London-based air charter company 26Aviation released a tribute video Tuesday, showing “the last ever” flight of the Antonov An-225 Mriya, just weeks before the world’s largest airplane was destroyed during Russia’s invasion of Ukraine.
“On February 4th, 2022, Mriya flew its last mission,” says the video, which was posted on 26Aviation’s YouTube channel. “26Aviation arranged the final charter flight captured in the following footage.”
The gigantic 33-year-old Cold War-era lifter, powered by six turbofan engines, was originally intended to carry the Soviet space shuttle Buran. By the 1990s, the Antonov Company redefined the unique jet’s mission, transforming it into a commercial cargo transport. The twin-tailed transport with a 290-foot wingspan was powered by six Ivchenko Progress D-18 turbofan engines and could fly up to 250 tons at least 4,000 km (2,159 nm) in about five hours.
It came to be known by its nickname, Mriya–Ukrainian for “dream.”
For decades, the one-of-a-kind airplane circled the globe, setting records for heavy payloads until February 24, when Mriya was destroyed in a hangar at Ukraine’s Gostomel Airport (UKKM) during fighting between Russian and Ukrainian forces. Although Mriya was the world’s largest operational airplane before its destruction, Stratolaunch’s Roc, the unique air-to-launch, twin-fuselage jet currently being developed in California, is heavier and boasts a greater wingspan than the An-225. It’s also worth noting that Mriya was longer than Roc.
This is the way the AN-225 “#Mriya” aircraft looks now. As a result of airstrike by the invaders, it was destroyed at #Gostomel airport near #Kyiv. pic.twitter.com/ro1uGVRXcg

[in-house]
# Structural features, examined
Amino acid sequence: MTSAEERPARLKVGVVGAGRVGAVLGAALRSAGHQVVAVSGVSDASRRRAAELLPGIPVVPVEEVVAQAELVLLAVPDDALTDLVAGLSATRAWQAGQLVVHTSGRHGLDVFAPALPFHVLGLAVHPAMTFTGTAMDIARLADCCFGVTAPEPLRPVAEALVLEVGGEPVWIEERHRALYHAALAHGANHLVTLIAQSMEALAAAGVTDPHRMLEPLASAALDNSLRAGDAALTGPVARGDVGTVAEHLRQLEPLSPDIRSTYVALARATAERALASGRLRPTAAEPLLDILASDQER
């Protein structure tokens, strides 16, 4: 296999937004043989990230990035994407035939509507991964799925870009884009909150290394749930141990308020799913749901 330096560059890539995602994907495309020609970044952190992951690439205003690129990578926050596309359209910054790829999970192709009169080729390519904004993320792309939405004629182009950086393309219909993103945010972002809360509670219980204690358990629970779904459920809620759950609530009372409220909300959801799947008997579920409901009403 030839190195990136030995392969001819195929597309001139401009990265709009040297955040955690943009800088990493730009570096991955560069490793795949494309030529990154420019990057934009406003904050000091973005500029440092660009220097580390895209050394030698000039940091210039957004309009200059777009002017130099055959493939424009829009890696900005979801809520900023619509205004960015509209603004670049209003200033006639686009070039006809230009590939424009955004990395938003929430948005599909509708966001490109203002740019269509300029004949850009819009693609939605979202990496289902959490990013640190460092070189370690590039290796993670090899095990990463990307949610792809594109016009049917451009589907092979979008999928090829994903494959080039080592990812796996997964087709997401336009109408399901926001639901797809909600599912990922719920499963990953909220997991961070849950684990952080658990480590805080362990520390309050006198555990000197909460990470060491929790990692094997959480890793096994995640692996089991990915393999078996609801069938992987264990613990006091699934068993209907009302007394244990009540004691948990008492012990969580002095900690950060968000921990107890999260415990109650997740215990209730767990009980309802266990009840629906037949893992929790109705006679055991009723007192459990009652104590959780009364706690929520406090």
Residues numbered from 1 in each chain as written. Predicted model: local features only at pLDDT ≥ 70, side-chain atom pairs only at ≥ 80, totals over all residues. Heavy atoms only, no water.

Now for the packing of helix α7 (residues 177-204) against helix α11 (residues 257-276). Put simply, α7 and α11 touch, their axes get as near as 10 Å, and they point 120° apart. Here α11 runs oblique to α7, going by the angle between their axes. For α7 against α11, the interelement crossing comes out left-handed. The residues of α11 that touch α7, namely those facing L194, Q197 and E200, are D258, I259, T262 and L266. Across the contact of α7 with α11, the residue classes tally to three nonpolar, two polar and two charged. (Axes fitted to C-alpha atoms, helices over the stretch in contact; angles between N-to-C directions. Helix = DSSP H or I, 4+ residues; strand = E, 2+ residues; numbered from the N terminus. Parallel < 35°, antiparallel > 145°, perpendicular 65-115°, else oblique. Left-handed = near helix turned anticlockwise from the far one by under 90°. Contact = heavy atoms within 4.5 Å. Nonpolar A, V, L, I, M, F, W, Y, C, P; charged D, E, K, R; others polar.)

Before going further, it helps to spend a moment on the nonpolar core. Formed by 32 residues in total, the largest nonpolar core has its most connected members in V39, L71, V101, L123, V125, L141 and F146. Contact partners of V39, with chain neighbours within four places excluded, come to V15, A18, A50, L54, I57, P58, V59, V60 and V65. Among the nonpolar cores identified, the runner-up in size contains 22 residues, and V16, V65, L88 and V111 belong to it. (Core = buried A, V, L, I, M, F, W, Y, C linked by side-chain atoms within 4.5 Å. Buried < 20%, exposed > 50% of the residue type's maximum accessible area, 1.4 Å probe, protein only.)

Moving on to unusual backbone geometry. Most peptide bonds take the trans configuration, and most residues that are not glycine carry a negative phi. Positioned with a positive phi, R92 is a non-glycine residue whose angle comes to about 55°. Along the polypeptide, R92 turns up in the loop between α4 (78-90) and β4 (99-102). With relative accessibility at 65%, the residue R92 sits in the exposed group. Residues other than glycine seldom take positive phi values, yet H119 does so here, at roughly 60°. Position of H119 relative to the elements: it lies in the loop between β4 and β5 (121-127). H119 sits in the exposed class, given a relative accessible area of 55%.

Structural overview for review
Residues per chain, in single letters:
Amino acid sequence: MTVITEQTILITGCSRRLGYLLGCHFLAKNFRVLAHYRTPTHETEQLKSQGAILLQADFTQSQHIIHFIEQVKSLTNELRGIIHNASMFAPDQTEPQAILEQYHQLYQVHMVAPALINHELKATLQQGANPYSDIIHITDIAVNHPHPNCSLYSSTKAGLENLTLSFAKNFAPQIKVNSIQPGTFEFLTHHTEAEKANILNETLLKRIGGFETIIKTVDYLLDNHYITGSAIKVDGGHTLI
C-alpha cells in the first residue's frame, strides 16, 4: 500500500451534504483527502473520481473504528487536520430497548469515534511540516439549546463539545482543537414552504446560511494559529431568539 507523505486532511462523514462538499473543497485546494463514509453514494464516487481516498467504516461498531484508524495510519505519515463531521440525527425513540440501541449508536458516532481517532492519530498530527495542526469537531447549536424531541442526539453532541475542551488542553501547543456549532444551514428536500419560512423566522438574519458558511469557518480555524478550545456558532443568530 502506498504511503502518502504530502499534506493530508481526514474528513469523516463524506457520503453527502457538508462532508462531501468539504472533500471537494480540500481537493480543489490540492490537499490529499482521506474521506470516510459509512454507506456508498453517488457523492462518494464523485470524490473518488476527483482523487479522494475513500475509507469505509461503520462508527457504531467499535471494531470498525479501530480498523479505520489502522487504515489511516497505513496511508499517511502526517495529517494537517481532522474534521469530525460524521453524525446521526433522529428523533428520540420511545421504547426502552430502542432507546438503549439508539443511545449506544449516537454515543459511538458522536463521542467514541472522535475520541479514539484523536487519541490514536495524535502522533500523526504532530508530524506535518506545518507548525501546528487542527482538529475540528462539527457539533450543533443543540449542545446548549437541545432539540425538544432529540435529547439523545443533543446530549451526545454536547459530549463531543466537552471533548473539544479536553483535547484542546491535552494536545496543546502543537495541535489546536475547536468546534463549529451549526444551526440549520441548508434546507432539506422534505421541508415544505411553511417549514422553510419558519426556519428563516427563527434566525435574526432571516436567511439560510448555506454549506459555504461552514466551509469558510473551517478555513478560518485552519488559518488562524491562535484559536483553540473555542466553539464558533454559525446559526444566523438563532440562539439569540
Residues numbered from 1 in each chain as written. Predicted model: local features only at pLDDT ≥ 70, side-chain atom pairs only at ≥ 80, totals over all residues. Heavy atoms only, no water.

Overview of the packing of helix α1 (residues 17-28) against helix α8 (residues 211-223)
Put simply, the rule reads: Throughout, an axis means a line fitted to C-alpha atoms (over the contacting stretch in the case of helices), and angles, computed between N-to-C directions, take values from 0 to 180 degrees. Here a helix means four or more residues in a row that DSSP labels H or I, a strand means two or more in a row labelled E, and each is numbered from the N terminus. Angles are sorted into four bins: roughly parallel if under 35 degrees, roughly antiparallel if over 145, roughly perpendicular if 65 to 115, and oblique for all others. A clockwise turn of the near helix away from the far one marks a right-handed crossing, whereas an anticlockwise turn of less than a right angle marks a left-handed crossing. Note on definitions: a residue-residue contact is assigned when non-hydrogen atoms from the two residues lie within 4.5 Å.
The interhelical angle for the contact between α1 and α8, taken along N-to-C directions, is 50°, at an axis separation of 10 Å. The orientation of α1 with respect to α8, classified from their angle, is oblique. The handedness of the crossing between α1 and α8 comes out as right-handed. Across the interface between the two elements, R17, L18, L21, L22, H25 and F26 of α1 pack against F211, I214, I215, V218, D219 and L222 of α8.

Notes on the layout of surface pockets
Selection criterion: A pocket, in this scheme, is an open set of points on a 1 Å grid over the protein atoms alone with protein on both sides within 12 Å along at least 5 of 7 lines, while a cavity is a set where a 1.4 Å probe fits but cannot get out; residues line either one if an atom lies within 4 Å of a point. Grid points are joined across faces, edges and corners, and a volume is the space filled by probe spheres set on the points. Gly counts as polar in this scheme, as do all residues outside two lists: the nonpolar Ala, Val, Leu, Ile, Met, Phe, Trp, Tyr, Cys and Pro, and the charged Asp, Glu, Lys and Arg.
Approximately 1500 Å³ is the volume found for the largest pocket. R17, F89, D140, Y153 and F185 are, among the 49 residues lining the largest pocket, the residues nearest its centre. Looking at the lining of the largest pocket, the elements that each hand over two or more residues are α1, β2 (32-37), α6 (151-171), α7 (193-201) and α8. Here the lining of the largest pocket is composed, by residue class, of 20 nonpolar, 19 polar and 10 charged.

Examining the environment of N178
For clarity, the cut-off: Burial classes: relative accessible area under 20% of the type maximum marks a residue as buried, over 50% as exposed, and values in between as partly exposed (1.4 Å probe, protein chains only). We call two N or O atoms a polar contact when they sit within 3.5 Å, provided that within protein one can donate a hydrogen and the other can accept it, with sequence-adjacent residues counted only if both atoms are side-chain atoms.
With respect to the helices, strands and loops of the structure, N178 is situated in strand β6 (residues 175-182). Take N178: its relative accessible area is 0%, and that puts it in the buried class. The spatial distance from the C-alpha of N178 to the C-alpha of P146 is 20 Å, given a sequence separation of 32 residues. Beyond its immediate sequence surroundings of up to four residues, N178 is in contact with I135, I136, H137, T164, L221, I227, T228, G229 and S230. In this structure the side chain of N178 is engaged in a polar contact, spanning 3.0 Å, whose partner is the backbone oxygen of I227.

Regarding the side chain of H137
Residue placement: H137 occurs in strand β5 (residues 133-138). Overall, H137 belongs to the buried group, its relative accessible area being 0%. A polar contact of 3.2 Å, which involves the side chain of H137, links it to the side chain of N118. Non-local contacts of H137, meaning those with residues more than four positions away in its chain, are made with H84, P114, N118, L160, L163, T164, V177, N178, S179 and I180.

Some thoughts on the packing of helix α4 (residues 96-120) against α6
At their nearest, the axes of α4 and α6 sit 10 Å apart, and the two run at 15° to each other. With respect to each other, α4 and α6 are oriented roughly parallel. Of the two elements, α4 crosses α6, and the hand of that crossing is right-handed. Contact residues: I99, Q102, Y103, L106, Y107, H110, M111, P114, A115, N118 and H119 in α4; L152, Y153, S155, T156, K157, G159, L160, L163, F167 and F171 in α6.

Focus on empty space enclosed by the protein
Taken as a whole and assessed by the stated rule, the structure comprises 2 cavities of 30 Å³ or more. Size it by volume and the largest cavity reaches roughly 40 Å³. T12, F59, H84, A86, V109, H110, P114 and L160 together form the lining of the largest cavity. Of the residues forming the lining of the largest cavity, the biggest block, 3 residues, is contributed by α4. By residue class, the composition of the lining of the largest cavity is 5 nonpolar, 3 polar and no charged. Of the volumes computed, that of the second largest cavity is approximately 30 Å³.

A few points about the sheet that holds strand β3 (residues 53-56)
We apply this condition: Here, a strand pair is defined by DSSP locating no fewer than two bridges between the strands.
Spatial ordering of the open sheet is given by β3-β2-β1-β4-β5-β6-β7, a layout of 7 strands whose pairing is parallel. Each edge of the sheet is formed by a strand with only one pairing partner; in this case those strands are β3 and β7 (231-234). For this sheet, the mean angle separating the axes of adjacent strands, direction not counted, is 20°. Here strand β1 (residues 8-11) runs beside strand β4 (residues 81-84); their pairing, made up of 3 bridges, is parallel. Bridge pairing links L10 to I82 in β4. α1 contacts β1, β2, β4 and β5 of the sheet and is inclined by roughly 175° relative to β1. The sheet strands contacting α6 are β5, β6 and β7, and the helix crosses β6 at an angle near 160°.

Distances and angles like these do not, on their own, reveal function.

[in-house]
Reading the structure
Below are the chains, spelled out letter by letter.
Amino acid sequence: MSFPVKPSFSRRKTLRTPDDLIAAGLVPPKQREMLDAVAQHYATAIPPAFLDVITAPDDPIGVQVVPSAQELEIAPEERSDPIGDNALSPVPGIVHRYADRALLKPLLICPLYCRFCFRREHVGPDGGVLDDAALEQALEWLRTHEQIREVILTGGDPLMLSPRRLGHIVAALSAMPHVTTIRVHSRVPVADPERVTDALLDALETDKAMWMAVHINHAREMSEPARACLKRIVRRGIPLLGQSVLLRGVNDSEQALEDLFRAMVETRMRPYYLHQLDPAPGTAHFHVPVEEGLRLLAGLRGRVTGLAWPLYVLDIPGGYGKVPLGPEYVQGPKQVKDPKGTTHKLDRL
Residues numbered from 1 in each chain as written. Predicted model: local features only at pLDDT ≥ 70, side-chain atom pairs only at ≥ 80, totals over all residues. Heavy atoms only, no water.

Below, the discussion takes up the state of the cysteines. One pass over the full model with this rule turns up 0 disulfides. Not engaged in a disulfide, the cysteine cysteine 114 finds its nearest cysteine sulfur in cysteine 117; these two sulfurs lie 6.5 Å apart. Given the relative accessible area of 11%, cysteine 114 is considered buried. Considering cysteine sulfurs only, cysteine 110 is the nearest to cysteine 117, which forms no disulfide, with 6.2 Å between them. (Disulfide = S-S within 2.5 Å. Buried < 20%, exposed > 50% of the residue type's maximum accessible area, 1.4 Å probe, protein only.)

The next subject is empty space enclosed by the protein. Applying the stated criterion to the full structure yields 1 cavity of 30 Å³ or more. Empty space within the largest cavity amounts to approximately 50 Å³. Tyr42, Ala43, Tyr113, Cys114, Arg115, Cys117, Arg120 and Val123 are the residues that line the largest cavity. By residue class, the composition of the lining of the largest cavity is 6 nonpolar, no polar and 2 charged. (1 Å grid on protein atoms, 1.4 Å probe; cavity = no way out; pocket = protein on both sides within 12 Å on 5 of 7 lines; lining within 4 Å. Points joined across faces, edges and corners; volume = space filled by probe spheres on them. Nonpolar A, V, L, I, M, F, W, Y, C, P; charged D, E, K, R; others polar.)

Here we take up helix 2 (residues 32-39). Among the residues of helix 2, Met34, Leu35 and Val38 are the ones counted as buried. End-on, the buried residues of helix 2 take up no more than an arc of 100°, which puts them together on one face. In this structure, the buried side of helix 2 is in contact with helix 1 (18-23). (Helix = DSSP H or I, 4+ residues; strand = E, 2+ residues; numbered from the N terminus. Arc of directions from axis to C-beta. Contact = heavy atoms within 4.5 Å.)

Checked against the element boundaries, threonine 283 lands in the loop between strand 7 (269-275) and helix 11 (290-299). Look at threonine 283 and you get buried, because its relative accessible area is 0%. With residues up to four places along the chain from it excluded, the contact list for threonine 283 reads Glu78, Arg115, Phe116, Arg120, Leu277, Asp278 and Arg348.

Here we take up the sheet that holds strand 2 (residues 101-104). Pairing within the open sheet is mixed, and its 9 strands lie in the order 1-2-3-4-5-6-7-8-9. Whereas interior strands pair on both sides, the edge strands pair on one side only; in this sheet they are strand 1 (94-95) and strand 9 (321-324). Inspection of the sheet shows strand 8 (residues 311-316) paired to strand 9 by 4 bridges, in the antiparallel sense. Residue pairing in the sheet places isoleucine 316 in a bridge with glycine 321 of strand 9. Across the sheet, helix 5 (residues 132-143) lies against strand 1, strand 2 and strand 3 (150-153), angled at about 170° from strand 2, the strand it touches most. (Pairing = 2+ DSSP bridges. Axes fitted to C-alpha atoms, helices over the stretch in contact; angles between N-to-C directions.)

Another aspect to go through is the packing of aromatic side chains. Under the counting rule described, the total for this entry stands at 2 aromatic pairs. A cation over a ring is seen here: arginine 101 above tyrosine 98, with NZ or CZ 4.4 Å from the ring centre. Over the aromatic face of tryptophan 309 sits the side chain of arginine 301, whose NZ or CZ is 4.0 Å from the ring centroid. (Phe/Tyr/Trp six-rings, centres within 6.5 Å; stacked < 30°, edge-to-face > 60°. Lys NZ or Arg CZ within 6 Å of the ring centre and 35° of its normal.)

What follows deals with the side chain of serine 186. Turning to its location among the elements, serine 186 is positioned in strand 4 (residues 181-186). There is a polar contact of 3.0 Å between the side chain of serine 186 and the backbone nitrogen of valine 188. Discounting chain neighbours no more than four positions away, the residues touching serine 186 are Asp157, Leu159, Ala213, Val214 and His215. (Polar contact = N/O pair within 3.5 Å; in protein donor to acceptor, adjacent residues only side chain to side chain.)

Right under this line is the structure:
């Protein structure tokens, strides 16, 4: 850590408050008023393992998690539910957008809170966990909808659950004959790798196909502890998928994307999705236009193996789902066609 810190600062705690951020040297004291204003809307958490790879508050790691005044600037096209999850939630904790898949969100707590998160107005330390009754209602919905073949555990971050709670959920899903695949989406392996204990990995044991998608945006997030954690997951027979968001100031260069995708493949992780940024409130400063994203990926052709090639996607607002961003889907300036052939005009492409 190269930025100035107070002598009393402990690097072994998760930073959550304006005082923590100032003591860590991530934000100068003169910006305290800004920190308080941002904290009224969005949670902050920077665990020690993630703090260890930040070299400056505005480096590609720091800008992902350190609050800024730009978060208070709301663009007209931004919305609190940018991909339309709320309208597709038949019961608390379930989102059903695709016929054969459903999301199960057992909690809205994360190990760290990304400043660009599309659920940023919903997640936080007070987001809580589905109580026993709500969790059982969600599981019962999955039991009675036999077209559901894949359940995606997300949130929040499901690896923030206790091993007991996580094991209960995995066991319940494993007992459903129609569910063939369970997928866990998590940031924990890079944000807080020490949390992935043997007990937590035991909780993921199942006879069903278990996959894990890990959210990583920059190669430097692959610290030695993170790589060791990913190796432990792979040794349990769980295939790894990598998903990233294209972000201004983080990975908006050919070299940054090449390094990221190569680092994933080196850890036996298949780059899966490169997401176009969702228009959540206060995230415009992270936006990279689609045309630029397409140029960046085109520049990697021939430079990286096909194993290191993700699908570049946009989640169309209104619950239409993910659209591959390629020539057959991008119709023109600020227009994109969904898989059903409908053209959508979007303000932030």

— KyivPost (@KyivPost) April 3, 2022
The last company to use Mriya, 26Aviation, was launched in 2020, billing itself as an air charter specialist with aviation intelligence providing “out of the box aircraft solutions.”
“We arranged the final charter flight from Tianjin, China, to Billund, Denmark,” says the tribute video. “Fittingly, Mriya carried life-saving humanitarian cargo to help those in need.”
Backed by stirring music, the video shows workers tending to the aircraft at Billund Airport (EKBI). Cargo is seen being unloaded from the aircraft with forklift equipment. Finally, Mriya’s enormous swing-up, nose-loading cargo door is shown closing before the aircraft taxis to EKBI’s Runway 27 for takeoff.
Meanwhile, as Russia’s invasion of Ukraine enters its sixth month, a pilot who regularly served as captain on Mriya said in June that a project aimed at building a new version of Mriya was “in motion.”
Pilot Dmytro Antonov discussed how engineers would use an existing second fuselage of the An-225 to construct a complete airplane. “It is confirmed at the highest political level.”
Construction of the second airframe began in the early 1990s, when Mriya’s success had prompted plans to build three additional An-225s. But when the Soviet Union collapsed, the project was abandoned—unfinished and largely forgotten. Until now.
However, with war still raging in Ukraine and resources apparently limited, prospects for using the existing airframe to build a new Mriya still seem very uncertain.